On the back of the book is says that the main character, Prince Myshkin, "is perhaps the most appealing of all Dostoevsky's heroes. Gentle, saintly, foolish, and kind, Myshkin is... the pure idealised Christian." I have been very curious to find out what Dostoevsky thought was true goodness. So far I have seen that Prince Myshkin is honest in everything. He is thought of as a bit of an idiot (a bit soft in the head) because his truth-speaking seems reckless to others. He believes in others' goodness, respecting even a "colourful" woman that the others want to chastise; he ends up proposing to her! She thanks him, saying, "No one has ever spoken to me like this before. They've always been trying to buy me." But she refuses, saying she would ruin him. "I was imagining someone like you, kind and honest and good and silly as you," she declares, but then excuses herself to run off with a rogue, more fitting for her, she says.

In other news, Ant and I had our downstairs neighbours over for dinner last night. Not many people know their neighbours in London. We talk to ours because of things like sharing the front and back garden, and plumbing oddities (their water tank is in our loft, turning off their water turns ours off, etc). One night a couple of weeks ago we all ended up chatting outside as we arrived home from work and we invited them for a meal. It was interesting to talk with new people. We found a few common topics: both Ant and the gent work for banks and both the lady and I are public sector workers.

I splashed out on ingredients for the food: proper parmesan cheese that had to be grated, for example. Very middle class! We ate lamb burgers, which I have made twice now with Sonya's recipe. Lamb is not something I know how to cook because I have never really eaten it much. But the lamb burger recipe is so interesting: lamb mince, green onions, feta, an egg, mint, and cumin. They are served with a granary bun, feta, spinach and red onions which have been marinated in balsamic vinegar! Wow-ee. True fancy stuff. I served it with a homemade Caesar salad and cranberry banana bread for pudding.

The new exercise I have been trying for the last four weeks is kickboxing and self defence*. Sarah really wanted to try it out so we went along to a women's beginners class. So far we have discovered that we are both as uncoordinated as we thought, but we are really enjoying it. This Tuesday Sarah was away on a trip and I had to go by myself--which was almost as nerve-wracking as the first time we went. But I managed to find partners at the appropriate times and also have a quick chat with one girl as the class finished.

Yesterday was the last real day of my holiday, since I went to work today to run revision classes and photocopy next week's worksheets. So yesterday I had my holiday treat, a Swedish massage and steam room session. So wonderful! An hour long massage (for the not too extortionate price of £30) was just what I needed.

* I just learned today that "defence" is the British spelling of the word "defense". I didn't realise this was a difference. Did you?

Monday, 14 April 2008

journey to citizenship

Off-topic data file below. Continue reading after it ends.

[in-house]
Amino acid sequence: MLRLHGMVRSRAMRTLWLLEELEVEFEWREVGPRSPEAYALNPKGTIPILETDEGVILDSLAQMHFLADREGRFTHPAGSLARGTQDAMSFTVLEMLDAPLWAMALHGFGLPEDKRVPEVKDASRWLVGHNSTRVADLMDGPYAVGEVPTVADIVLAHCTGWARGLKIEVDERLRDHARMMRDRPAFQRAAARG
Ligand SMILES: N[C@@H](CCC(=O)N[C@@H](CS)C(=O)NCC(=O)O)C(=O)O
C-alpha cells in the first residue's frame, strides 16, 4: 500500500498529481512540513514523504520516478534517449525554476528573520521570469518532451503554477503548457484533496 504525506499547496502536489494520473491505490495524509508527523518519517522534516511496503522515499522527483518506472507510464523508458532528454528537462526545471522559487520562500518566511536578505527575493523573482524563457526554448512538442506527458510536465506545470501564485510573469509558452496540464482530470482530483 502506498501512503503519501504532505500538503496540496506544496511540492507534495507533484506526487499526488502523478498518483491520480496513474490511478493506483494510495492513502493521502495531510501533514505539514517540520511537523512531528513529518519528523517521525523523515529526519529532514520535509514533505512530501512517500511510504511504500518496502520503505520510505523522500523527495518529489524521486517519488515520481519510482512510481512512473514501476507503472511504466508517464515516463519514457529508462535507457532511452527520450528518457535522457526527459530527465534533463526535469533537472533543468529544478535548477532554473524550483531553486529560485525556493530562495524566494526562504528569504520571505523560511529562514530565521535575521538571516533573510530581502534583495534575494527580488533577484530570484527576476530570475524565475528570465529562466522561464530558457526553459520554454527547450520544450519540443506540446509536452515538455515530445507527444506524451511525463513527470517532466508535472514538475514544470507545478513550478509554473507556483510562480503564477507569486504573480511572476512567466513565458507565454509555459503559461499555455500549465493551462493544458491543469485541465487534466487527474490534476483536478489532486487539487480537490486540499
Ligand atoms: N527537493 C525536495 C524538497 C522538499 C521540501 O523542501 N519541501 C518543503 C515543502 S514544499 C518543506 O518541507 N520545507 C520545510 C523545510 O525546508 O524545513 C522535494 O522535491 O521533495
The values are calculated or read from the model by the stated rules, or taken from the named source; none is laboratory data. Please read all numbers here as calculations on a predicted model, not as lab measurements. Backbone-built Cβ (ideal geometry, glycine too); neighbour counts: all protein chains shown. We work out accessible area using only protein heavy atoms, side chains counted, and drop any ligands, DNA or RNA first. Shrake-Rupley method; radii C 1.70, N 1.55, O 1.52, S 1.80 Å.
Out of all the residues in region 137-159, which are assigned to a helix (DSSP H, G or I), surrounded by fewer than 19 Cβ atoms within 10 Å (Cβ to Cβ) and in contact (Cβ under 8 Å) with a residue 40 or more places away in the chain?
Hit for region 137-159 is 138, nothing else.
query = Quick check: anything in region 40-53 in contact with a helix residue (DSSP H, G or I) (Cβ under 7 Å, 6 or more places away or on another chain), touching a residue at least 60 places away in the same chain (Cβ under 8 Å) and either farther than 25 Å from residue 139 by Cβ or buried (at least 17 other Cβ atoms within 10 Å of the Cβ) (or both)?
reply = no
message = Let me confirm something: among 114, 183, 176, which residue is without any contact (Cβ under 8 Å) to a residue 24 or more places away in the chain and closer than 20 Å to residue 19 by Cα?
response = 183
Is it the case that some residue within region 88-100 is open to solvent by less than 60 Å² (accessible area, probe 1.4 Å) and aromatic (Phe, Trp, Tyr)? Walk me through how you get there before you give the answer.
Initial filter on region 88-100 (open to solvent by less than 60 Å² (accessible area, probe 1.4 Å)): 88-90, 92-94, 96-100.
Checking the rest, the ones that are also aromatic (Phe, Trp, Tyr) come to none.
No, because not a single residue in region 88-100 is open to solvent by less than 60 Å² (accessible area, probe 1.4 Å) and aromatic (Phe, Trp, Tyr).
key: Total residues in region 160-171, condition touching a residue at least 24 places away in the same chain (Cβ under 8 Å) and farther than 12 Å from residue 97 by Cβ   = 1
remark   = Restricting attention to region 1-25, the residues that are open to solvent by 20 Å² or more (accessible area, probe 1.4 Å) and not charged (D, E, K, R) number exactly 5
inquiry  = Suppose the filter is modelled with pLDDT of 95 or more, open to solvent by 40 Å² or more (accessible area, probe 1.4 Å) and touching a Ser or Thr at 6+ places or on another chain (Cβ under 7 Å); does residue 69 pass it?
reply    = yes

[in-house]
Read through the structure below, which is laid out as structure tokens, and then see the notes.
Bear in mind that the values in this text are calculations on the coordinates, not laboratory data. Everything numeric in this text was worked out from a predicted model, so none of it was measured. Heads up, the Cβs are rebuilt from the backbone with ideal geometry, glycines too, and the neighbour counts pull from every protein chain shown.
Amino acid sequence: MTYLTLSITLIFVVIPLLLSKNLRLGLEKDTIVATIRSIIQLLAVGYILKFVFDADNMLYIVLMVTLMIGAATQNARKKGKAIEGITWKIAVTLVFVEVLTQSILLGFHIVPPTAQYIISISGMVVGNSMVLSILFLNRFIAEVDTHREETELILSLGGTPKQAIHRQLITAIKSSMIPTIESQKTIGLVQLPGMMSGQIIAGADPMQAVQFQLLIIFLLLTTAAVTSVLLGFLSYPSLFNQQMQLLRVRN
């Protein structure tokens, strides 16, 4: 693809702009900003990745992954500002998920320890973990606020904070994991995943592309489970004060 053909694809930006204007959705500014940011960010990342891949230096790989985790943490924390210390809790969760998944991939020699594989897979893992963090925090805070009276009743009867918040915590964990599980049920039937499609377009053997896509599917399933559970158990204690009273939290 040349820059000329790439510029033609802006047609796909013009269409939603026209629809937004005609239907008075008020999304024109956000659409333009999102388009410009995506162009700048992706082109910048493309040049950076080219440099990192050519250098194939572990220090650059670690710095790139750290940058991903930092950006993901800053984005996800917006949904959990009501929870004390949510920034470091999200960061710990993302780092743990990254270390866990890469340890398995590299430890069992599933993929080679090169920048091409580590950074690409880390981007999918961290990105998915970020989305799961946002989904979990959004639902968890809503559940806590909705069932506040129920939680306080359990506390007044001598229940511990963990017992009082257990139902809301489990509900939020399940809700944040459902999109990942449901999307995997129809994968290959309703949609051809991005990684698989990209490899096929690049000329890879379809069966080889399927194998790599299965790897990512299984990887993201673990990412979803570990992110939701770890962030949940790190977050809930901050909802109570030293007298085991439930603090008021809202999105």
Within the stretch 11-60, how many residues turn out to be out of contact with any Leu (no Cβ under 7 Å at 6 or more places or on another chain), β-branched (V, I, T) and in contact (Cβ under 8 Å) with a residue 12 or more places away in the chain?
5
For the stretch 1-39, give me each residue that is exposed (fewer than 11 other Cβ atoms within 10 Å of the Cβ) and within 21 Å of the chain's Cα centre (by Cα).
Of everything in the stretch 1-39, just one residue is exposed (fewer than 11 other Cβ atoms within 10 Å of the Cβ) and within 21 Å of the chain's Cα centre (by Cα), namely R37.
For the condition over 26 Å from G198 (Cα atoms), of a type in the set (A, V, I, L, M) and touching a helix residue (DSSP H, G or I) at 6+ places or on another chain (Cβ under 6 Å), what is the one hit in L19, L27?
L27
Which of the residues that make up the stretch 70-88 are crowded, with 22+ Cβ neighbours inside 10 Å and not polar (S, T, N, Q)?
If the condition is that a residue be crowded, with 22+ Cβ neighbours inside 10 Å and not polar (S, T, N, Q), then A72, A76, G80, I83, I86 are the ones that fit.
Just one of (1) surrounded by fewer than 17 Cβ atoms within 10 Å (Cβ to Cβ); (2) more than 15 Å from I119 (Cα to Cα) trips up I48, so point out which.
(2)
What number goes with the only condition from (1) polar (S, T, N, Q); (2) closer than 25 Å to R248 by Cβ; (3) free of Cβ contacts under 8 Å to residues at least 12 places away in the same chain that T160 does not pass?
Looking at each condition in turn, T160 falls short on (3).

I am one step closer to my British citizenship. I took the Life in the UK test today. I had an hour's journey to get to the test centre (one in north Lodond that had openings on a day I could attend) and then the whole process took an hour and a half, of which I was answering test questions for six minutes. The test is a 45 minute, multiple choice test with 24 questions. I have been studying and doing practice tests for about two weeks, learning about the UK population (lots of statistics), immigration patterns, governance, laws, employment, and daily life. Here are some sample questions--try them and then check the answers in the comments. Let me know how you did!

1. What is the purpose of the Council of Europe?
(a) To create a single market for members of the Council
(b) To create new European regulations and directives
(c) To debate proposals, decisions and expenditure of the European Commission
(d) To develop conventions which focus on human rights, democracy, education, the environment, health and education

2. Why did large numbers of Jewish people come to Britain during 1880-1910?
(a) To escape famine
(b) To escape racist attacks
(c) To invade and sieve land
(d) To work in textile factories

3. Which is the largest ethnic minority in the UK?
(a) Black Caribbean
(b) Indian
(c) Black African
(d) Pakistani

4. What percentage of the workforce is women?
(a) 15%
(b) 35%
(c) 45%
(d) 51%

5. Where is the Cockney dialect spoken?
(a) Cornwall
(b) Liverpool
(c) London
(d) Tyneside

6. What is the name of the ministerial position that is responsible for legal affairs?
(a) Chancellor of the Exchequer
(b) Foreign Secretary
(c) Home Secretary
(d) Lord Chancellor

7. In which elections can European citizens vote? Choose two answers from below.
(a) European elections
(b) local elections
(c) national elections
(d) elections to the House of Lords

8. Which one of the following parliaments or assemblies does not use proportional representation?
(a) House of Commons
(b) Northern Ireland Assembly
(c) Welsh Assembly
(d) Scottish Assembly

Thursday, 10 April 2008

pics from the couch